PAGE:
Vistastor and Callisma this week unveiled plans to make business continuity and disaster recovery one of their core offerings.
They are looking at a growing market post-Sept. 11, due to an increased concern among clients in ensuring their operations can continue in case of a disaster. The Meta Group said an enterprise could suffer losses of up to $6 million for every hour that its IT infrastructure is offline.
Vistastor, a Broomfield, Colo.-based company formed last November, this week started offering a suite of consulting and integration services aimed at helping clients of any size design and implement business continuity and disaster recovery.
Callisma, a San Jose, Calif.-based provider of networking professional services, this week added business continuity, disaster recovery and storage networking to its list of services.
Vistastor's primary focus is on service, said Glenn Jacobsen, president. The company's target markets range from the SMB space to the enterprise. "We've found that SMBs are not really looked at by IBM Global Services and companies like that because they are deemed to be too small," he said.
Among the Vistastor services is business continuity planning, especially educating clients that while disaster recovery is a significant part of business continuity, they are not the same, Jacobsen said. Included in the company's business continuity planning process are analyzing potential areas of vulnerability, defining workable strategies and implementation.
Vistastor also offers storage planning, assessment and design; network services; and training for business continuity and SANs, said Jacobsen.
The services are packaged with a fixed fee and a fixed time frame, Jacobsen said. "That way, there's no consultant hanging around for a long time," he said.
One of the reasons that Vistastor took the packaged approach is to be attractive to other solution providers, said Jacobson. The company will be looking for partners interested in either reselling Vistastor's services or in rebranding those services and doing their own implementation.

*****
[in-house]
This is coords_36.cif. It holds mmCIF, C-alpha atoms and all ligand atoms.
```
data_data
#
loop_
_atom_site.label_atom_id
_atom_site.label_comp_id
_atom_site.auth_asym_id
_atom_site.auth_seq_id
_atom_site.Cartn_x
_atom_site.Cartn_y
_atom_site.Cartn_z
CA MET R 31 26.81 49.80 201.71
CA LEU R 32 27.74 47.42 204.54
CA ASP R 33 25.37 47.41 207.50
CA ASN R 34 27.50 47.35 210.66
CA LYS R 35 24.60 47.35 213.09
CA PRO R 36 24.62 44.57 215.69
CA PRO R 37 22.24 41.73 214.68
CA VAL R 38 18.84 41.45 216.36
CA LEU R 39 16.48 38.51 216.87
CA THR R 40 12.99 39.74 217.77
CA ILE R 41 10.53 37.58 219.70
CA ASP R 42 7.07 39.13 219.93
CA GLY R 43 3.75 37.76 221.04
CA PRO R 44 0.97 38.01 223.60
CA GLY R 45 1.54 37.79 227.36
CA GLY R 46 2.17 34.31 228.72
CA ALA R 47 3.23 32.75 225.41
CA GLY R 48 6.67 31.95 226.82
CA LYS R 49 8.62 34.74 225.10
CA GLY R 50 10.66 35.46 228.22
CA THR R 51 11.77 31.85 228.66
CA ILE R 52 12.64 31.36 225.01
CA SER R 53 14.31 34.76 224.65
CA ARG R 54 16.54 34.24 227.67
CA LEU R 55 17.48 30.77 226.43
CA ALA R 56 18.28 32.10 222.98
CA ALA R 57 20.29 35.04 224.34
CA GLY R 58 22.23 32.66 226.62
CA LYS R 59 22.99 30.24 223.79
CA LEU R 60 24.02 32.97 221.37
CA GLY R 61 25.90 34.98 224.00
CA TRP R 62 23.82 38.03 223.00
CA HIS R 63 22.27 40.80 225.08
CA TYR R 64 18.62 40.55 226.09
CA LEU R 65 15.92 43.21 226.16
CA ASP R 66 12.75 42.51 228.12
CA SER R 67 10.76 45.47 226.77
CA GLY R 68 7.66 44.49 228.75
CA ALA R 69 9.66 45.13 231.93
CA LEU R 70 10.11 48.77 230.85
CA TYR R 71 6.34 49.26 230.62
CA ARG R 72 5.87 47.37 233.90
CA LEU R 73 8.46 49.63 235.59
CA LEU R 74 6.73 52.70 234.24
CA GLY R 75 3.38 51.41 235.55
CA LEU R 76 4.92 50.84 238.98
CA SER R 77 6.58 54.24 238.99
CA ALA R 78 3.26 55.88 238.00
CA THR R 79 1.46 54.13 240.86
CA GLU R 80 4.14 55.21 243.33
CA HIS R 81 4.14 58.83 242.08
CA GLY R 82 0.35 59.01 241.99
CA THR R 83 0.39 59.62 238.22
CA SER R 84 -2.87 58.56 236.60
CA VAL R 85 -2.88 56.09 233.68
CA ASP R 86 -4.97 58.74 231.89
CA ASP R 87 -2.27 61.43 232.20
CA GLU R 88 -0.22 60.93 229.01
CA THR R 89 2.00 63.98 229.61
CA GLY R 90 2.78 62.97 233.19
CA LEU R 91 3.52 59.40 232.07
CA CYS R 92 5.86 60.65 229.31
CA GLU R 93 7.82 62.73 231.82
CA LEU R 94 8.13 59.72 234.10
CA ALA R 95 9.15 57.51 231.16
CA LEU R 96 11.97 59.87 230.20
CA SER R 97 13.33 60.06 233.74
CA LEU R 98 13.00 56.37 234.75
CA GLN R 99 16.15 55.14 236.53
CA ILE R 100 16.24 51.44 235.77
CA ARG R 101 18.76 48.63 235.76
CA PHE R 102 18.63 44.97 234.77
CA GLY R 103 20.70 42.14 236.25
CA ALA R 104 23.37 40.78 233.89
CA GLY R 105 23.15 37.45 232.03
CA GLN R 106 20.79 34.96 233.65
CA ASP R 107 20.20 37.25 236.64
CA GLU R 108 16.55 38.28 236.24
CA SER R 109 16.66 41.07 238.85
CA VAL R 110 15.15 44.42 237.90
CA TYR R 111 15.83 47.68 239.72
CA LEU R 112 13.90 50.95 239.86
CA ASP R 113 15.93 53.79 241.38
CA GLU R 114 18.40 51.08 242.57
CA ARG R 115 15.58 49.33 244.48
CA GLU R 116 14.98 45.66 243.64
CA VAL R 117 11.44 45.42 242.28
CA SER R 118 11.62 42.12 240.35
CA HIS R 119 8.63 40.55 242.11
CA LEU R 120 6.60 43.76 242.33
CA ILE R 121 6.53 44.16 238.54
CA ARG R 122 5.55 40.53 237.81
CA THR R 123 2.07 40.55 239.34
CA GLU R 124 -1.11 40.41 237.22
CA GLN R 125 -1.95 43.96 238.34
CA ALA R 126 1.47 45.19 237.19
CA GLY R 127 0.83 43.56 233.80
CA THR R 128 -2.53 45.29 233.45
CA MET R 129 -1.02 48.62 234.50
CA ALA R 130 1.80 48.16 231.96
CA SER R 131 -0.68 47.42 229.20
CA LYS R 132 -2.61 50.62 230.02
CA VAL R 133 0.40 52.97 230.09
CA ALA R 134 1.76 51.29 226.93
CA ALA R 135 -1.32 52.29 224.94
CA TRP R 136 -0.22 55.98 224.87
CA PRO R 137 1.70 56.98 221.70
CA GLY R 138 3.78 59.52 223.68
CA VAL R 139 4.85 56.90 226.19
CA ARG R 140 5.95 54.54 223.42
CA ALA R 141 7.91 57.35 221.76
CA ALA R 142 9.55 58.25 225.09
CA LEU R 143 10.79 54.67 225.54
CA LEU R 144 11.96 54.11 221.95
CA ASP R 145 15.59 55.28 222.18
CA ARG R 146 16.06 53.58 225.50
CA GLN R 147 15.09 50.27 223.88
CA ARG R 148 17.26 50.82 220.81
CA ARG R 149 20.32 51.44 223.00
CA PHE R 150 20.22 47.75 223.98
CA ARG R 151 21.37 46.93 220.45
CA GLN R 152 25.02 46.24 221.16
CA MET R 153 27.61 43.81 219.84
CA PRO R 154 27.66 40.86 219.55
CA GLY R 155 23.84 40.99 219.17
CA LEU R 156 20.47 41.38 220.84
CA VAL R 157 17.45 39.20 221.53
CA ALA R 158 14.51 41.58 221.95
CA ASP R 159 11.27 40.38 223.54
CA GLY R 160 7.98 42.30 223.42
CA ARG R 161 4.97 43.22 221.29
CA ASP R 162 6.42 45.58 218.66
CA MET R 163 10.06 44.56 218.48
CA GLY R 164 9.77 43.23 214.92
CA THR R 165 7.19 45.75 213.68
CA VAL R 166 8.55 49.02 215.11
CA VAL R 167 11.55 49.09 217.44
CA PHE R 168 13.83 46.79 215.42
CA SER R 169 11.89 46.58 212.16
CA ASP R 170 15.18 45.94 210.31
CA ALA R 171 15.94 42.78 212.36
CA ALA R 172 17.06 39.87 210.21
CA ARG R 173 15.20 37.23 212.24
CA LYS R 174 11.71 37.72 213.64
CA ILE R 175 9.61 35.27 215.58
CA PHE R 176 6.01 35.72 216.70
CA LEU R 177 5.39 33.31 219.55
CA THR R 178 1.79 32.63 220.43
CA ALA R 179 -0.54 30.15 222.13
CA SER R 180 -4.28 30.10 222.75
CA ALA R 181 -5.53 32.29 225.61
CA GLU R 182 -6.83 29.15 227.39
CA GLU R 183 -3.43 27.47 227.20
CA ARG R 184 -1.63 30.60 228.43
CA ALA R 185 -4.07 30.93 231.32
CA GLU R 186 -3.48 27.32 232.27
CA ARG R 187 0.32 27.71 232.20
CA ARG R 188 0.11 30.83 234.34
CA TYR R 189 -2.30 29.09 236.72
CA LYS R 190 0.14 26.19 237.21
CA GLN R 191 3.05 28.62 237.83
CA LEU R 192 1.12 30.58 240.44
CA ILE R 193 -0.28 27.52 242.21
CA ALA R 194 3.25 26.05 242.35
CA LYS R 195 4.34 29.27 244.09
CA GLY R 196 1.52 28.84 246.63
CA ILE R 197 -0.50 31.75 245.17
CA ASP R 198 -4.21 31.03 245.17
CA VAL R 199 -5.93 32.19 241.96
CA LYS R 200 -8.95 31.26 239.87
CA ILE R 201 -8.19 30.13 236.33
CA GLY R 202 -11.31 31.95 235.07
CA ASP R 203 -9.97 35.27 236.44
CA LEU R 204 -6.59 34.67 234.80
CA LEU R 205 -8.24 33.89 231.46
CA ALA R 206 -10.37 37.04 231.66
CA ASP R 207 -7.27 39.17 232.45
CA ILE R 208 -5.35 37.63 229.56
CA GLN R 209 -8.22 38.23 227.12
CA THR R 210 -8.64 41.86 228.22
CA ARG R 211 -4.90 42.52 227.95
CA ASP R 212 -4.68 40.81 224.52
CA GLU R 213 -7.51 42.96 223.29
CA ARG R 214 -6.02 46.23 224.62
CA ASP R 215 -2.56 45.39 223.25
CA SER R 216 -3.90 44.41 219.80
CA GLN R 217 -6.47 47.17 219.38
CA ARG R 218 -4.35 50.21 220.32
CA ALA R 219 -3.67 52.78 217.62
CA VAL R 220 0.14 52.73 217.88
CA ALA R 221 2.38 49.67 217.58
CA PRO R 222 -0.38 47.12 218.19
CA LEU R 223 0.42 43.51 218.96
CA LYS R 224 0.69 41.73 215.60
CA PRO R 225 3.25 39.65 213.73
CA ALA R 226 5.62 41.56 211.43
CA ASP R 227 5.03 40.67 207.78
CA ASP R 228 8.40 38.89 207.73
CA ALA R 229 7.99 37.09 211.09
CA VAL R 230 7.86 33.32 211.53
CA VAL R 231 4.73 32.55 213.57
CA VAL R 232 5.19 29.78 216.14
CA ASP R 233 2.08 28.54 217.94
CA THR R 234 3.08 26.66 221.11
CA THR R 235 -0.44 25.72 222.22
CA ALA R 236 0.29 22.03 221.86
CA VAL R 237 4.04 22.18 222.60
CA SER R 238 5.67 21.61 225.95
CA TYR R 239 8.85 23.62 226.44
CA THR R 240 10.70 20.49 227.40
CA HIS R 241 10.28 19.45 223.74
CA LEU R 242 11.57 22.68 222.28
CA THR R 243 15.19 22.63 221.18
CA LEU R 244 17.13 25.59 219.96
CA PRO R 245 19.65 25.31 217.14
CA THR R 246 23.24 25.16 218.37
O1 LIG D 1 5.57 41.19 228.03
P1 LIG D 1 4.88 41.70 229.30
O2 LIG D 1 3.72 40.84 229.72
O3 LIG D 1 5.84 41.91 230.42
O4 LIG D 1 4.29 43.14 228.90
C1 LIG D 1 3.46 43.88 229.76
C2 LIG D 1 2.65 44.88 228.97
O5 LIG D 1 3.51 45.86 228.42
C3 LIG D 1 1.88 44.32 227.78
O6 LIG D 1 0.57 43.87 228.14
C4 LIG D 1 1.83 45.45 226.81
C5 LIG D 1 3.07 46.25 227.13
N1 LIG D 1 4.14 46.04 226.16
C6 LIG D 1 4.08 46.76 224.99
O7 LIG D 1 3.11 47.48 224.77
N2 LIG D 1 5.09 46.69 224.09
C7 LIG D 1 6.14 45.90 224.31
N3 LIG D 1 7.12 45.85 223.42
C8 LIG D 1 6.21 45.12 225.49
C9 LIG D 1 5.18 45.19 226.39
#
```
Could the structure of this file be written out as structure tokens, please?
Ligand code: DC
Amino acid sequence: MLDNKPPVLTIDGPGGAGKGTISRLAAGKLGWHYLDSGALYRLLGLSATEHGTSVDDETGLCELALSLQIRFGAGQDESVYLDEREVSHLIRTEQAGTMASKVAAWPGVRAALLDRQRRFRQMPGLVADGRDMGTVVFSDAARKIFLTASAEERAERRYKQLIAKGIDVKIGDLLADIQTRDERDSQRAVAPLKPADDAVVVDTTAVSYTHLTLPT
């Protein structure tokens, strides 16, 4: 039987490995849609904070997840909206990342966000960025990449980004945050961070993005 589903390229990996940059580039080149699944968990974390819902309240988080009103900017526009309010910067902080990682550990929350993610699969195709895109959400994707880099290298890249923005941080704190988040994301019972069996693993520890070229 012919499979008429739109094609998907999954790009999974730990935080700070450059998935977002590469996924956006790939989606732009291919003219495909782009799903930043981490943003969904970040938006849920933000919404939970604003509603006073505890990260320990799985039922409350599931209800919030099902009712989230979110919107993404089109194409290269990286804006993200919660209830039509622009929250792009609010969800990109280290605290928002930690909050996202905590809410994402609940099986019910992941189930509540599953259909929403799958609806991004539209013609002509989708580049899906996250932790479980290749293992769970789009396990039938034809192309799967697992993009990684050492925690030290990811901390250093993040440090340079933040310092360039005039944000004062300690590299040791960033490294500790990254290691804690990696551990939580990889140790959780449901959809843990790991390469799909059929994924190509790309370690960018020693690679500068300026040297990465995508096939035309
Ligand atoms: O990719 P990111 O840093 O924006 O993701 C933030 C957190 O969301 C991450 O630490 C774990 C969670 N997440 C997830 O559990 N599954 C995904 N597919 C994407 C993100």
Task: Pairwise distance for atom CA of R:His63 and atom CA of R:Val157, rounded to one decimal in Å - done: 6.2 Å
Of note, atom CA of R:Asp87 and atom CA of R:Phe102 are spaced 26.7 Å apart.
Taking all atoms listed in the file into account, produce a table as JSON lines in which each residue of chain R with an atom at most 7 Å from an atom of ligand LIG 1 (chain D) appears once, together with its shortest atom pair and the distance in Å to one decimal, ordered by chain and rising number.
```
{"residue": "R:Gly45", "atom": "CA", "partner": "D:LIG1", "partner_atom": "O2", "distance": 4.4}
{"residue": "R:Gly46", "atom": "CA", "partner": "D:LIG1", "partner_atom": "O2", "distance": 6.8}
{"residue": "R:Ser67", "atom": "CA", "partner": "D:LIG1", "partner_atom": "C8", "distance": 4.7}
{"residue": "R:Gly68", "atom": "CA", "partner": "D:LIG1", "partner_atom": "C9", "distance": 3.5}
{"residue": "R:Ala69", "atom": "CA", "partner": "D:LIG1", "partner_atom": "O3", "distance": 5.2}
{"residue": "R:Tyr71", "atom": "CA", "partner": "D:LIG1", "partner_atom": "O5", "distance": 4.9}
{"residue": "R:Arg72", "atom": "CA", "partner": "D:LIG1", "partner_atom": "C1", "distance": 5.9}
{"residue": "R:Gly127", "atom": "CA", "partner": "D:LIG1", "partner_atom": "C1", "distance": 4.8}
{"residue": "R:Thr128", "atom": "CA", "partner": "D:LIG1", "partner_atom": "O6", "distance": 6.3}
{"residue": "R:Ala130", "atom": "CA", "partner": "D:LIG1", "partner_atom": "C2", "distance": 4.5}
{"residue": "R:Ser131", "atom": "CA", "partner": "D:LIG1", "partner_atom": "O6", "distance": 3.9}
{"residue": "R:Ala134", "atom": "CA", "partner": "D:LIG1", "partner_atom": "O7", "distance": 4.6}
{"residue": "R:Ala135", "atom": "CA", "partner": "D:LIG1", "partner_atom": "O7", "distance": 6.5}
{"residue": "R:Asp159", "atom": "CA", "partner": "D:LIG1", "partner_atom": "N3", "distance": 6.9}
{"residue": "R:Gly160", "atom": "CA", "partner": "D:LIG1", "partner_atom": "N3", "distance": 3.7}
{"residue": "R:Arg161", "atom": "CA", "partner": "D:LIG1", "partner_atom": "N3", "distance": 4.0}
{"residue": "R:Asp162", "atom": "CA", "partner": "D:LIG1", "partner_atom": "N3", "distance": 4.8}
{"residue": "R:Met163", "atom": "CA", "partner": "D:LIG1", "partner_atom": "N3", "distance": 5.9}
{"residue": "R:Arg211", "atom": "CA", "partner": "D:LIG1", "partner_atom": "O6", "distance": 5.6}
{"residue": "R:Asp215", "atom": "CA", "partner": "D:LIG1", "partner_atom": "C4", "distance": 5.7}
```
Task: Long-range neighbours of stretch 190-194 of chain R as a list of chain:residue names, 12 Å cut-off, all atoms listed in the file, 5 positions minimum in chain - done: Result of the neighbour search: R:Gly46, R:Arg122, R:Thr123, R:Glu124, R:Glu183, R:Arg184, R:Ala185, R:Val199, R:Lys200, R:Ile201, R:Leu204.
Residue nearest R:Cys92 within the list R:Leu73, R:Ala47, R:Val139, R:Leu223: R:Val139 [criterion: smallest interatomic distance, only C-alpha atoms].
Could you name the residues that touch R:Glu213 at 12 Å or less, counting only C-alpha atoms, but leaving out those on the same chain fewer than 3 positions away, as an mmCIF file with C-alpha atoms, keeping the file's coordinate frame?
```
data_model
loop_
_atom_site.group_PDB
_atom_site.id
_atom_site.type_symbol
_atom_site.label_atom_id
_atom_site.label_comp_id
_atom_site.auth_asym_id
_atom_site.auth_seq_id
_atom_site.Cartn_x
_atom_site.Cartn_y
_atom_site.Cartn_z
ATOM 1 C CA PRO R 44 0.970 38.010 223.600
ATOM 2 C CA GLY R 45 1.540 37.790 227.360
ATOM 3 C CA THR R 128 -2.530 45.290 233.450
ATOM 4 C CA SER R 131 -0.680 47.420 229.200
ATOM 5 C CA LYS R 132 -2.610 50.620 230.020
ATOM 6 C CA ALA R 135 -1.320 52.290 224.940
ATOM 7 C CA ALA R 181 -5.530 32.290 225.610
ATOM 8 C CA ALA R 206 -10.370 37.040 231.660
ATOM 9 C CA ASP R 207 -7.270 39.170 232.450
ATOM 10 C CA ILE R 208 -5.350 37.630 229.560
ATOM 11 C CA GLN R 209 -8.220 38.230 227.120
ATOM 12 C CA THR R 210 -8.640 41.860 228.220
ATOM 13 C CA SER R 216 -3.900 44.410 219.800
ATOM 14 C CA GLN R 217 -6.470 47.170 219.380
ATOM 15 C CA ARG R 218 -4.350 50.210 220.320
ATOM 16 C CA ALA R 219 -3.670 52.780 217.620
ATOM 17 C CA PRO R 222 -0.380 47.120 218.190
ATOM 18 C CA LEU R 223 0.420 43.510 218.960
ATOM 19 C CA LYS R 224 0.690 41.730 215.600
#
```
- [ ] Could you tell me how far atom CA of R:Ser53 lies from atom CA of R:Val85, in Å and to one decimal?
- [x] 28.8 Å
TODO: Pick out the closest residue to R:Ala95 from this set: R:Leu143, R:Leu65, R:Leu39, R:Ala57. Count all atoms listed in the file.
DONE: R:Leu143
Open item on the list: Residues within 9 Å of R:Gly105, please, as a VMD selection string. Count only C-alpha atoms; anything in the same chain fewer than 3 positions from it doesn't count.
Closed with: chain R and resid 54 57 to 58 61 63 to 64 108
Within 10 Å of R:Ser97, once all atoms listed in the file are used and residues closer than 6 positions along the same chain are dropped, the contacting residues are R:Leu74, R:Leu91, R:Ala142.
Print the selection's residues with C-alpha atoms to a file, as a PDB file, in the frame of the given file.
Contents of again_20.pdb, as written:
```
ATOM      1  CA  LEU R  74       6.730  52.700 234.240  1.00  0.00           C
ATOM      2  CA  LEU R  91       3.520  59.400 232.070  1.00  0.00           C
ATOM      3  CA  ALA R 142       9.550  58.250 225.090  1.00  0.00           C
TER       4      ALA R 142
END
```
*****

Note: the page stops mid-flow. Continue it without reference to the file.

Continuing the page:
Vistastor resells some storage hardware and software, but that is not a big part of its business. "Clients want us to be vendor-neutral," said Jacobsen. "Other customers, on the other hand, look for us to recommend particular solutions and stick around through the implementation."
For its part, Callisma focuses on helping large clients with a storage infrastructure or even a business continuity or disaster recovery program already in place optimize those programs, said George Orlov, CTO.
The typical client's current disaster recovery program consists of what Orlov called "tape and fly." They typically make their backup tapes and take them to a storage service like Iron Mountain and bring them back when needed. "Under the best of circumstances, it takes a minimum of 72 hours to get the data back, by which time a minimum of 36 hours worth of data is lost," said Orlov. "But you seldom see the best of circumstances."
Most disaster recovery programs remain at a simple level because a complete traditional program using a mirrored hot site can be prohibitively expensive and would be hard to implement because of the need to manage the tight integration between the production site and the hot sites, said Orlov.
Callisma instead takes advantage of the fact that most clients already have multiple data centers and works with existing network infrastructures to cross-replicate data between such centers, Orlov said.
The result is a multilocation disaster recovery network without the need to add additional hardware or software, except perhaps for scripts or SNMP traps for alerts, said Orlov. "We are not developing new software, but connecting everything together so it works seamlessly," he said.
Clients with disaster recovery programs often do not test them enough to ensure they work properly, Orlov said. "In our case, clients are operating their networks on a daily basis, so there's no need to test them every six months," he said.